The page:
On October 28, 2020, a coalition of US government entities consisting of the Cybersecurity and Infrastructure Security Agency (CISA), the Federal Bureau of Investigation (FBI), and the Department of Health and Human Services (HHS) issued a cybersecurity alert warning that malicious cyber actors are planning imminent attacks against the US healthcare and public health sectors using malware designed to facilitate ransomware attacks, data theft and the disruption of healthcare services.
Notably, in addition to the CISA and the FBI, the coalition includes HHS—the lead regulator for ensuring the privacy and security of certain private healthcare information in the United States. The cybersecurity alert specifically warns that malicious cyber actors are targeting the healthcare and public health sectors with imminent cyber attacks designed to access organizations networks, steal sensitive healthcare information, and create a major disruption to healthcare services in the midst of the COVID-19 pandemic.
The cybersecurity alert is broken into two distinct sections: The first half of the cybersecurity alert speaks to information security professionals by providing a wide array of technical details about the malicious actors' use of TrickBot and BazarLoader malware. Perhaps of greater interest to legal, compliance and risk management professionals, however, is the second half of the cybersecurity alert, which sets forth the federal government’s view of cybersecurity best practices and encourages companies to take advantage of a host of free government resources and points of contact.
The cybersecurity alert provides network best practices, ransomware best practices, and user awareness best practices, while also providing a series of recommended mitigation measures. These measures reference both the Federal Drug Administration's medical device hardening guidance and a government/private sector co-authored ransomware guide with a response checklist. In short, legal, compliance and risk management professionals would do well to determine if their organizations are implementing the US Government’s view of cybersecurity best practices and, if not, whether a reasonable, risk-based rationale exists for substantial deviations from those best practices.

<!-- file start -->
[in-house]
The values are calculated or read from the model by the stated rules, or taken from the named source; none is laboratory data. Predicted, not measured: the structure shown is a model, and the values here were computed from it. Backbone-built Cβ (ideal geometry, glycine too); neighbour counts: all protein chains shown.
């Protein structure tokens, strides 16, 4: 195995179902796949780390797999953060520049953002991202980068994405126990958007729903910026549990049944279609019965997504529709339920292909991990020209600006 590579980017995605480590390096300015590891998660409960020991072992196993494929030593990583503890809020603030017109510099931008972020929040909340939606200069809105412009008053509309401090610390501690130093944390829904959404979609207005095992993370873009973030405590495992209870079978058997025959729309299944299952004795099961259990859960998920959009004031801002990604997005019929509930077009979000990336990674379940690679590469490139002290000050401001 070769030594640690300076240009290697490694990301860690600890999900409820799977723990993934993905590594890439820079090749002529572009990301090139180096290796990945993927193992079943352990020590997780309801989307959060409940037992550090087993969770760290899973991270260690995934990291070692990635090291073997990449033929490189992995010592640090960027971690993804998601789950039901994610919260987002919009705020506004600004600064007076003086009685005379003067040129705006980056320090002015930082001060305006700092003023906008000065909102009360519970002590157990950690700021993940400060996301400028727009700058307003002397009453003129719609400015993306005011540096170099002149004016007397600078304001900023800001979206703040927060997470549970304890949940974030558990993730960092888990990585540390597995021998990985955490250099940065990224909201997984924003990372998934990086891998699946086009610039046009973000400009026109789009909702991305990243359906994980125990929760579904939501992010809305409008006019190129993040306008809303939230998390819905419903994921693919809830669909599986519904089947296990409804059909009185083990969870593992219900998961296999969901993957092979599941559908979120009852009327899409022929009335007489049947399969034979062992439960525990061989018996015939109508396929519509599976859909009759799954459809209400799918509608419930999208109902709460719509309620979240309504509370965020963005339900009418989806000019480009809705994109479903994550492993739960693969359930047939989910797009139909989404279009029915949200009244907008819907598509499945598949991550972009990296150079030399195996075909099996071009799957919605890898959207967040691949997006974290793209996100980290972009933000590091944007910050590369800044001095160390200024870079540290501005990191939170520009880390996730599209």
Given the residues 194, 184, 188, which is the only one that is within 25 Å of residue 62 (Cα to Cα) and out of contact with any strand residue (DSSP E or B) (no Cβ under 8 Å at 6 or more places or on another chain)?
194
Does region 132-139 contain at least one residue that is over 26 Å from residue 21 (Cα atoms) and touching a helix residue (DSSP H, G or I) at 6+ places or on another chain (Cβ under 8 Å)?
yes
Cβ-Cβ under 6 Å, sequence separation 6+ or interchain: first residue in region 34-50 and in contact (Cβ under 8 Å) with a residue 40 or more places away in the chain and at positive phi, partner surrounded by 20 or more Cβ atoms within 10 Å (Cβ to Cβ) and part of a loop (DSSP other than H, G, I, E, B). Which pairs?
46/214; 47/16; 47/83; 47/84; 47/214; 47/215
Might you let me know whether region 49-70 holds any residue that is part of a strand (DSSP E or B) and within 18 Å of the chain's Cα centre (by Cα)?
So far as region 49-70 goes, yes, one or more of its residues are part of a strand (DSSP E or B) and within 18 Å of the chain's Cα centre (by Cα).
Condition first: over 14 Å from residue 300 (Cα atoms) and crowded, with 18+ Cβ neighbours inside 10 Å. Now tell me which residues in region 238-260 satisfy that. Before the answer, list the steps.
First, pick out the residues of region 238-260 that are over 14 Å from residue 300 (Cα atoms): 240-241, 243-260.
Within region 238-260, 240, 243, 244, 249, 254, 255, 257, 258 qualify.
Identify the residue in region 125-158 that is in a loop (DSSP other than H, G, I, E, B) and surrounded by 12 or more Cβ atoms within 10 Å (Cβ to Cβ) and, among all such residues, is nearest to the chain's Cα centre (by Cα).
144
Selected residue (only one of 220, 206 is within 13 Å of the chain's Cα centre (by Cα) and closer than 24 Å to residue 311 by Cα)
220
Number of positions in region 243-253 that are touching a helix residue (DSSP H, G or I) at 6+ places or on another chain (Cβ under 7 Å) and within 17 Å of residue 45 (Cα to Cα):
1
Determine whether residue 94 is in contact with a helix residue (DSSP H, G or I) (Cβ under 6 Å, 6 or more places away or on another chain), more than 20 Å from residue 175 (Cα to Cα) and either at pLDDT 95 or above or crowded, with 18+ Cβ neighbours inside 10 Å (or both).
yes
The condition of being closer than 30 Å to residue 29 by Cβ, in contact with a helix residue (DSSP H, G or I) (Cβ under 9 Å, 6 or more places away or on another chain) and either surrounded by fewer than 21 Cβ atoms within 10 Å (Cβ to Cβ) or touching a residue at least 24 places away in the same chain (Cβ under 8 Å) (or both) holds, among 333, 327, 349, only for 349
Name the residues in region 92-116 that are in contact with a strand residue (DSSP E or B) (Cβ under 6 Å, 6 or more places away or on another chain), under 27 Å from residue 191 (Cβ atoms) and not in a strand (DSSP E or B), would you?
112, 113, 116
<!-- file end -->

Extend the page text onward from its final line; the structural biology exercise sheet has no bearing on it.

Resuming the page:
Organizations should also have an up-to-date, rehearsed incident response plan that takes into account everything from how employees should handle and report suspicious emails to a method for designating and contacting individuals both within and outside the company in the event of a known or suspected incident. Other examples of best practices detailed in the alert include ensuring timely patching of operating systems, software, and firmware; using multi-factor authentication where possible; backing up critical assets; and developing a culture of cybersecurity awareness and training across the organization.
Of note, the cybersecurity alert does not take a position on whether the payment of ransomware is lawful. The cybersecurity alert indicates that "CISA, FBI, and HHS do not recommend paying ransom," and that paying ransom "will not ensure your data is decrypted or that your systems or data will no longer be compromised." However, and as described more fully in our client alert of October 1, 2020, other government agencies, such as the US Department of the Treasury's Office of Foreign Assets Control (OFAC), have warned that making or facilitating ransomware payments to sanctioned parties or jurisdictions could violate US sanctions laws.
Cyber threats like those identified in this cybersecurity alert pose complicated business and legal risks. Organizations in the healthcare and public health sectors could face significant operational impacts, potential disclosure obligations, and exposure to regulatory enforcement actions and litigation in the event of a cybersecurity incident. In addition, payments to cyber criminals to relieve the pain inflicted by a ransomware attack may lead to further exposure to enforcement actions under OFAC’s sanctions programs.